Can you add a marinade?

For more flavor dimensions, add a chicken marinade. The citrus juices, salt, aromatics like garlic and soy sauce helps to increase the savory umami taste. Since there is an acid in the marinade, all you need is 30 minutes or up to 1 hour. The meat may turn mushy in texture if left longer. Pat dry before cooking.

Can you make a sauce with the pan drippings?

Absolutely! The flavorful fond left in the skillet from the juices and cooked bits is great for making a pan sauce or gravy. Use the drippings from the pan, or add 1 tablespoon of butter if previously omitted, plus 1 to 2 tablespoons of flour to make a roux. Add 1 cup of chicken stock or broth to thin out the sauce, whisk, and cook over medium-high heat until thickened.

Fork lifting on a piece of chicken.

How to pan sear on the stovetop

Typically, pan-searing involves high-heat browning in a skillet and then transferring it to the oven to gently finish cooking. However, you can use just the stovetop. Flattening the chicken ensures even cooking, then using moderate and consistent heat is critical to preventing the meat from drying out. As long as the cooking oil is preheated, then the chicken will get brown and be juicy.

Juicy Stove Top Chicken Breasts

Learn how to cook chicken breasts on the stovetop with juicy and tender results! This is my go-to method for a quick and healthy dinner.
4.95 from 40 votes
Prep Time15 minutes
Cook Time15 minutes
Total Time30 minutes
Servings 4 servings
Course Entree
Cuisine American

Ingredients 
 

  • 4 boneless skinless chicken breasts, about 6 to 10 ounces each
  • 2 teaspoons kosher salt
  • ½ teaspoon black pepper
  • ½ teaspoons paprika, sweet or smoked, optional
  • ½ teaspoon garlic powder
  • ½ teaspoons onion powder
  • 1 teaspoon dried Italian seasoning, optional
  • 2 tablespoons olive oil, or avocado oil
  • 1 tablespoon unsalted butter, optional

Instructions 

  • Place one of the chicken pieces between two plastic sheets or in a large plastic bag. Flatten to an even thickness, about ½-inch thick. Repeat with the remaining pieces.
    Alternatively, for pieces 1-inch thick or larger, cut in half horizontally. This should create eight ½-inch thick pieces.
  • In a small bowl, combine kosher salt, black pepper, paprika (if using), garlic powder, onion powder, and Italian seasoning (if using).
  • Use paper towels to pat dry both sides of the chicken to remove excess surface moisture.
  • Evenly sprinkle both sides of the chicken with the seasoning mix, about ¼ to ½ teaspoon per side.
  • Heat a large skillet over medium heat. Add olive oil, once hot and shimmering but not smoking. Add the chicken breasts presentation side down. Use tongs to press down into the pan for maximum contact. Cook until golden brown, about 5 to 7 minutes.
  • If the chicken is very large after flattening, work in batches cooking two pieces at a time. Clean the pan in between if needed.
  • Flip the chicken over and add the butter. Swirl the pan to melt and evenly distribute. Occasionally baste the meat with the butter. Cook until the internal temperature reaches 160 to 165ºF (71 to 74ºC), about 5 to 7 minutes. Transfer to a clean plate to rest for 5 minutes.
  • Serve whole pieces of chicken breast, or slice crosswise into strips or dice into cubes.

Recipe Video

YouTube video

Notes

  • Storing: Cool completely and store in an airtight container in the refrigerator for up to 5 days. Freeze in a resealable plastic bag for up to 3 months.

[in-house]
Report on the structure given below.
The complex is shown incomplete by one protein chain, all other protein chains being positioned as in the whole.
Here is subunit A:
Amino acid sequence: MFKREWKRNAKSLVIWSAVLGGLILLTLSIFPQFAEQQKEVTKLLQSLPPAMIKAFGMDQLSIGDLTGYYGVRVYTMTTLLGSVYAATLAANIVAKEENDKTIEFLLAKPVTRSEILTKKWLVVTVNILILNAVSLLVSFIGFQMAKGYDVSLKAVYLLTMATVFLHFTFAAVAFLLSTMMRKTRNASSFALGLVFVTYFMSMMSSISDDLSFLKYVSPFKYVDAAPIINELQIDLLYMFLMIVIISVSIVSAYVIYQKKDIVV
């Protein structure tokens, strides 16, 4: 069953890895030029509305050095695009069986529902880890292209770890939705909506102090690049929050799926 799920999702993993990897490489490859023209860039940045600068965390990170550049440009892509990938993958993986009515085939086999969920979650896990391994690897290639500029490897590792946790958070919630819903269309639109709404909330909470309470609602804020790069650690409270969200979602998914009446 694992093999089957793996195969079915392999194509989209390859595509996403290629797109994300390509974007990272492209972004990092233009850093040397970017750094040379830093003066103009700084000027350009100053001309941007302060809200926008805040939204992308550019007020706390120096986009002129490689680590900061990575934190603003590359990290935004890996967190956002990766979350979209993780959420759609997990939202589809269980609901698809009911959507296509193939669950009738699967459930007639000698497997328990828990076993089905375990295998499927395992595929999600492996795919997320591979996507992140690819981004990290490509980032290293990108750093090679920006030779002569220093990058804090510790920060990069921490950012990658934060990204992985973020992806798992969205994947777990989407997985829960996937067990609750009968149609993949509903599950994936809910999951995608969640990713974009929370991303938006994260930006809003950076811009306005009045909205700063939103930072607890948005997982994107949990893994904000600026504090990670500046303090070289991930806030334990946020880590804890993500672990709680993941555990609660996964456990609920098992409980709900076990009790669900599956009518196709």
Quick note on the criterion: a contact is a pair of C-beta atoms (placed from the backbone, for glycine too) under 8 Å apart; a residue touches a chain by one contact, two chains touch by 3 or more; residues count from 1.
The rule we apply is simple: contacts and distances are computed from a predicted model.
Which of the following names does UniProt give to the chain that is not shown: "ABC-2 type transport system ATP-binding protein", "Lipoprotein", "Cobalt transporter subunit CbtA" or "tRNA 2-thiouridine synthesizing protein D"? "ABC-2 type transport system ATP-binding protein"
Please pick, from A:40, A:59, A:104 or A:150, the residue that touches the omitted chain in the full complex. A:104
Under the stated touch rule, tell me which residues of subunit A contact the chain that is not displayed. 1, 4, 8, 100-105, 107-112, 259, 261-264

• Paprika: For a deeper golden brown color, omit the paprika and herbs. Cook the first side over medium-high heat for about 5 minutes, then reduce to medium when flipping over to complete cooking.
  • Seasonings: Dried Italian seasoning gives various herbs like basil, rosemary, oregano, and thyme. Herbs de Provence, which has lavender, is a tasty swap or any dried herb of your choice.
  • Make it Whole30: Omit the butter, or use ghee or clarified butter. 

Nutrition Facts

Serves: 4 servings
Calories 176kcal (9%)Carbohydrates 1gProtein 24g (48%)Fat 8g (12%)Saturated Fat 2g (10%)Polyunsaturated Fat 1gMonounsaturated Fat 4gTrans Fat 1gCholesterol 76mg (25%)Sodium 713mg (30%)Potassium 437mg (12%)Fiber 1g (4%)Sugar 1g (1%)Vitamin A 211IU (4%)Vitamin C 1mg (1%)Calcium 17mg (2%)Iron 1mg (6%)

Percent Daily Values are based on a 2000-calorie diet. All nutritional information is based on estimated third-party calculations. Each recipe and nutritional value will vary depending on the brands you use, measuring methods, and portion sizes per household.

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Jessica Gavin

I'm a culinary school graduate, cookbook author, and a mom who loves croissants! My passion is creating recipes and sharing the science behind cooking to help you gain confidence in the kitchen.

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13 Comments Leave a comment or review

  1. Marlee Carnevale says

    THE BEST CHICKEN I HAVE EVER MADE! The flavor is delicious and the chicken is incredibly juicy!!! LOVE IT!

  2. Elena Correnti says

    Thank you – perfect instructions for the beginner cook. Turned out so delicious. And so easy. Really appreciate you sharing

    • Jessica Gavin says

      Hi Jack- The dried seasoning is the mixture of kosher salt, black pepper, paprika, garlic powder, onion powder, and Italian seasoning in the recipe.

  3. Chef Ernesto` says

    Great recipe as a chef for over 40 years and now retired I love your blog and this a great way to serve chicken, my question is in your opinion,
    What do you look for in a quality chicken in your instructions you mention to use a quality name brand ? shelf life? For the sake of others please reply what you look for in a quality chicken?
    Chef Ernesto`

    • Jessica Gavin says

      Thank you, Chef Ernesto! That is a great question. I often look for “air-chilled” chicken, instead of ones that soak in water or brine solution. This yields a more flavor piece. I also try to avoid chicken that seems overly large in size. The taste and texture is not a good. I look for chicken breast about 6 to 10 ounces max. Organic and free range is always a plus, but I understand that it can be pricey. I don’t have a specific brand, but I do check the labels to see how the chickens have be feed and processed.